Following what was hoped to be a spirited practice inside Value City Arena, No. 14 Ohio State was slated to leave to face No. 3 Purdue on Tuesday evening.

Suspended guard Kam Williams will not be part of the trip. At pre-practice interviews, coach Chris Holtmann confirmed that the fifth-year senior will miss his second straight game after landing a suspension of unspecified length for an undisclosed violation of team rules announced roughly two hours before Sunday’s home game against Illinois. The Dispatch reported Sunday that Williams was facing a suspension of three-to-five games.

“He’s got class he needs to attend to (Wednesday), so he’ll be here in Columbus finishing up work,” Holtmann said. “He’s got a project, and going to class. We’ll reevaluate things on Thursday.”

In 24 appearances including 16 starts, Williams has averaged 8.0 points per game while shooting 46.3 percent from three-point range, the sixth-best mark in the Big Ten. Without him against the Fighting Illini, the Buckeyes started sophomore forward Andre Wesson in what amounted to a bigger lineup that also allowed them to switch on more screens defensively. Wesson averages only 2.2 points per game but is four inches taller and 35 pounds heavier than Williams.

Holtmann has not committed to Wesson as the clear-cut starter in place of Williams, who is expected to return by the end of the season, and mentioned graduate transfer guard Andrew Dakich as also being a possibility. Ohio State’s starting lineup against Illinois was the first time that group had played together all season, and junior forward Keita Bates-Diop said the group has benefited from extra practice time since then.

“It definitely helps because we have a game under our belt now,” he said. “We’ve got a few practice days without him. Dre’s done really good in his role so far. I don’t think we’re worried about it moving forward.”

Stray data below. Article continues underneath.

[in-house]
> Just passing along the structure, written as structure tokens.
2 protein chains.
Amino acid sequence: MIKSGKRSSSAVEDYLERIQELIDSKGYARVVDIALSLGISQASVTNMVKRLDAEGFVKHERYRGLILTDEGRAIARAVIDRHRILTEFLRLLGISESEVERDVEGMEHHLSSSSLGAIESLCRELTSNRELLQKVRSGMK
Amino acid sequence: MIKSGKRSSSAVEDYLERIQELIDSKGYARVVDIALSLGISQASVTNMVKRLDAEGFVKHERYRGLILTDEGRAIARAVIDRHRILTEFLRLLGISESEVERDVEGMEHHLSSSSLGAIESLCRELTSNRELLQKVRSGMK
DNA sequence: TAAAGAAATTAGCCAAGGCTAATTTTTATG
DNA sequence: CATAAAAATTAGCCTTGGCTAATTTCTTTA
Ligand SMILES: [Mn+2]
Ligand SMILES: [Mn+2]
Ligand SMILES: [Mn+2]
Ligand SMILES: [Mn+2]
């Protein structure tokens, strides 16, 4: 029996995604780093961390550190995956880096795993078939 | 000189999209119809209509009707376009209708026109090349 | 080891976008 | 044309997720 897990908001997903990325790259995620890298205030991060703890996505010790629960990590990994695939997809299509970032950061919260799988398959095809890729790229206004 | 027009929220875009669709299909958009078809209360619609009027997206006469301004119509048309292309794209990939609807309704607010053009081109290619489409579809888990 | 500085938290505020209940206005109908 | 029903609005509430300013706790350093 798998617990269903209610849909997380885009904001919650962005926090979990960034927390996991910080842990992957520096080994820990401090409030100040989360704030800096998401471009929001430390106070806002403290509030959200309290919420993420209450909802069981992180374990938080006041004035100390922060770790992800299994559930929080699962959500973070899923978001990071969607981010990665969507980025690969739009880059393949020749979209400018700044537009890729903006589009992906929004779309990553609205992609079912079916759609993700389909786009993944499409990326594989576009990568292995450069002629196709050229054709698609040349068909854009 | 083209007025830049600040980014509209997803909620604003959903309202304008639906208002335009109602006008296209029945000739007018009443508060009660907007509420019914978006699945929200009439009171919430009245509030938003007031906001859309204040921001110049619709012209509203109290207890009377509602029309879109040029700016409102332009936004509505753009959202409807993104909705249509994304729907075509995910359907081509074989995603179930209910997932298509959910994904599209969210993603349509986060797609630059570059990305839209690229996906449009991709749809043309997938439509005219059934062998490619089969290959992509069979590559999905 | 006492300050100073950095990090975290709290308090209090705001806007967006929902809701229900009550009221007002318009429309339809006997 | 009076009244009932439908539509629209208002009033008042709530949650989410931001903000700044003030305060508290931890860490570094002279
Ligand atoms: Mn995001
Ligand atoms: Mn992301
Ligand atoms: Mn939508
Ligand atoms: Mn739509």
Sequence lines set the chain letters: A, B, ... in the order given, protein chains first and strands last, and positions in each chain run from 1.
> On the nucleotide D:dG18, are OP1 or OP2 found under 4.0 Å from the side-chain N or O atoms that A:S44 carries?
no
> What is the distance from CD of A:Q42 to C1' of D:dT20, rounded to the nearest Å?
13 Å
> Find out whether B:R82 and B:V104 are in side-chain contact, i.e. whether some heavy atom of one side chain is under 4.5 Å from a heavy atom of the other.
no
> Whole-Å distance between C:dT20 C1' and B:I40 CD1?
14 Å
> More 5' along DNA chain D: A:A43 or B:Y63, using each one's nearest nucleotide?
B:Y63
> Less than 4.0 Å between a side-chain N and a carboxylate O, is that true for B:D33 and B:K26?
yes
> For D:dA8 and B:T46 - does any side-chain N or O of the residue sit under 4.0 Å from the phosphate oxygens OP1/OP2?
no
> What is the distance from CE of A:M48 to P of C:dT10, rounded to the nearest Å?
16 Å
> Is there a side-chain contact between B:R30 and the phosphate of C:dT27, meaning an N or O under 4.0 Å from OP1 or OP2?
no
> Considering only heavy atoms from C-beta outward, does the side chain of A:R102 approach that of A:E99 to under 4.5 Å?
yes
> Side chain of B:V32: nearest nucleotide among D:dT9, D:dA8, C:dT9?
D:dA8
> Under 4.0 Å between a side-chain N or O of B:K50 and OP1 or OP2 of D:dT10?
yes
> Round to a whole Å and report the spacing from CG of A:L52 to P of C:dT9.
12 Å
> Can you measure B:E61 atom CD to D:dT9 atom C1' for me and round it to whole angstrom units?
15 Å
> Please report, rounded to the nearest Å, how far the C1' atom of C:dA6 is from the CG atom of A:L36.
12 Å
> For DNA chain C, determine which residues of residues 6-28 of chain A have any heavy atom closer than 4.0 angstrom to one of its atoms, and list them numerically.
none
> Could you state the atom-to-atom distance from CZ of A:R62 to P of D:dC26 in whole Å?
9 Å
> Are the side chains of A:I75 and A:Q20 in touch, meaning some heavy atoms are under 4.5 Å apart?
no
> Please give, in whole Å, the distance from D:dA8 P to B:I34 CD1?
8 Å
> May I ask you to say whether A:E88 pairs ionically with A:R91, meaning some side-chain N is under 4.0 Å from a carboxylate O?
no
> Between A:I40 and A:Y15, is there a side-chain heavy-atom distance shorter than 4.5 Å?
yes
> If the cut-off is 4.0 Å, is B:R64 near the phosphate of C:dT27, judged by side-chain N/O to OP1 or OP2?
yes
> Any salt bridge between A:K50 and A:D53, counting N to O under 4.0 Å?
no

Added senior forward Jae’Sean Tate, “With Dre’s size and his ability to guard different positions, it actually helps us on the defensive end whereas we’re going to have to pick and choose our spots on the offensive end a little better, making sure we get the correct shot.”

Holtmann was asked if his message was getting across to Williams.

“Yeah,” he said. “Kam and I had a conversation going into the game the other day and I think Kam accepts responsibility and I think is ready to move forward and we’ll be excited, I know his teammates will to, to have him back playing hopefully in short order.”

Big guy

In preparing for Purdue, Holtmann said he was watching game film of the Boilermakers against Michigan when he noticed center Isaac Haas appeared to be unguarded. Then the camera shifted to show that the 7-2 senior center was simply so big his profile screened his defender from the view of the camera. It also revealed that the big guy trying to guard Haas was actually the center and not the power forward.

It will take a team effort to try and combat Haas’ size and likely starts with freshman Kaleb Wesson, who at 6-9, 270 pounds is five inches shorter and 20 pounds lighter than his Wednesday night counterpart. To try and prepare for Haas, the Buckeyes have occasionally turned to a student assistant coach: Greg Oden, the 7-0 former No. 1 NBA draft pick.

“If you know Greg, it’s kind of hard (to stop him),” Tate said. “I mean, he’s a No. 1 pick. There’s nothing else to say about that. I think Kaleb has done a great job of doing the best he can on him and it’s going to prepare him the most.

“Actually, he’s pretty nice. We haven’t honestly made him mad and we’ve only played against him nice, so I don’t even want to see him when he’s mad because he’s crazy, he’s nuts.”

Aside from the action in the paint, Holtmann pointed to the need for perimeter players to apply appropriate ball pressure to try and limit Haas’ touches.

“Kaleb is a guy, Micah (Potter), Kyle Young at times, we’re going to have to do it collectively,” he said. “It’s on them to make him work and make him earn it and try to beat him to spots, but there’s a variety of ways to play a guy like that whether you trap in the post or dig it, but their spacing and shooting makes it so difficult. It’s going to be a really physical battle, so a lot is going to be placed on them to do their work early.”

ajardy@dispatch.com

@AdamJardy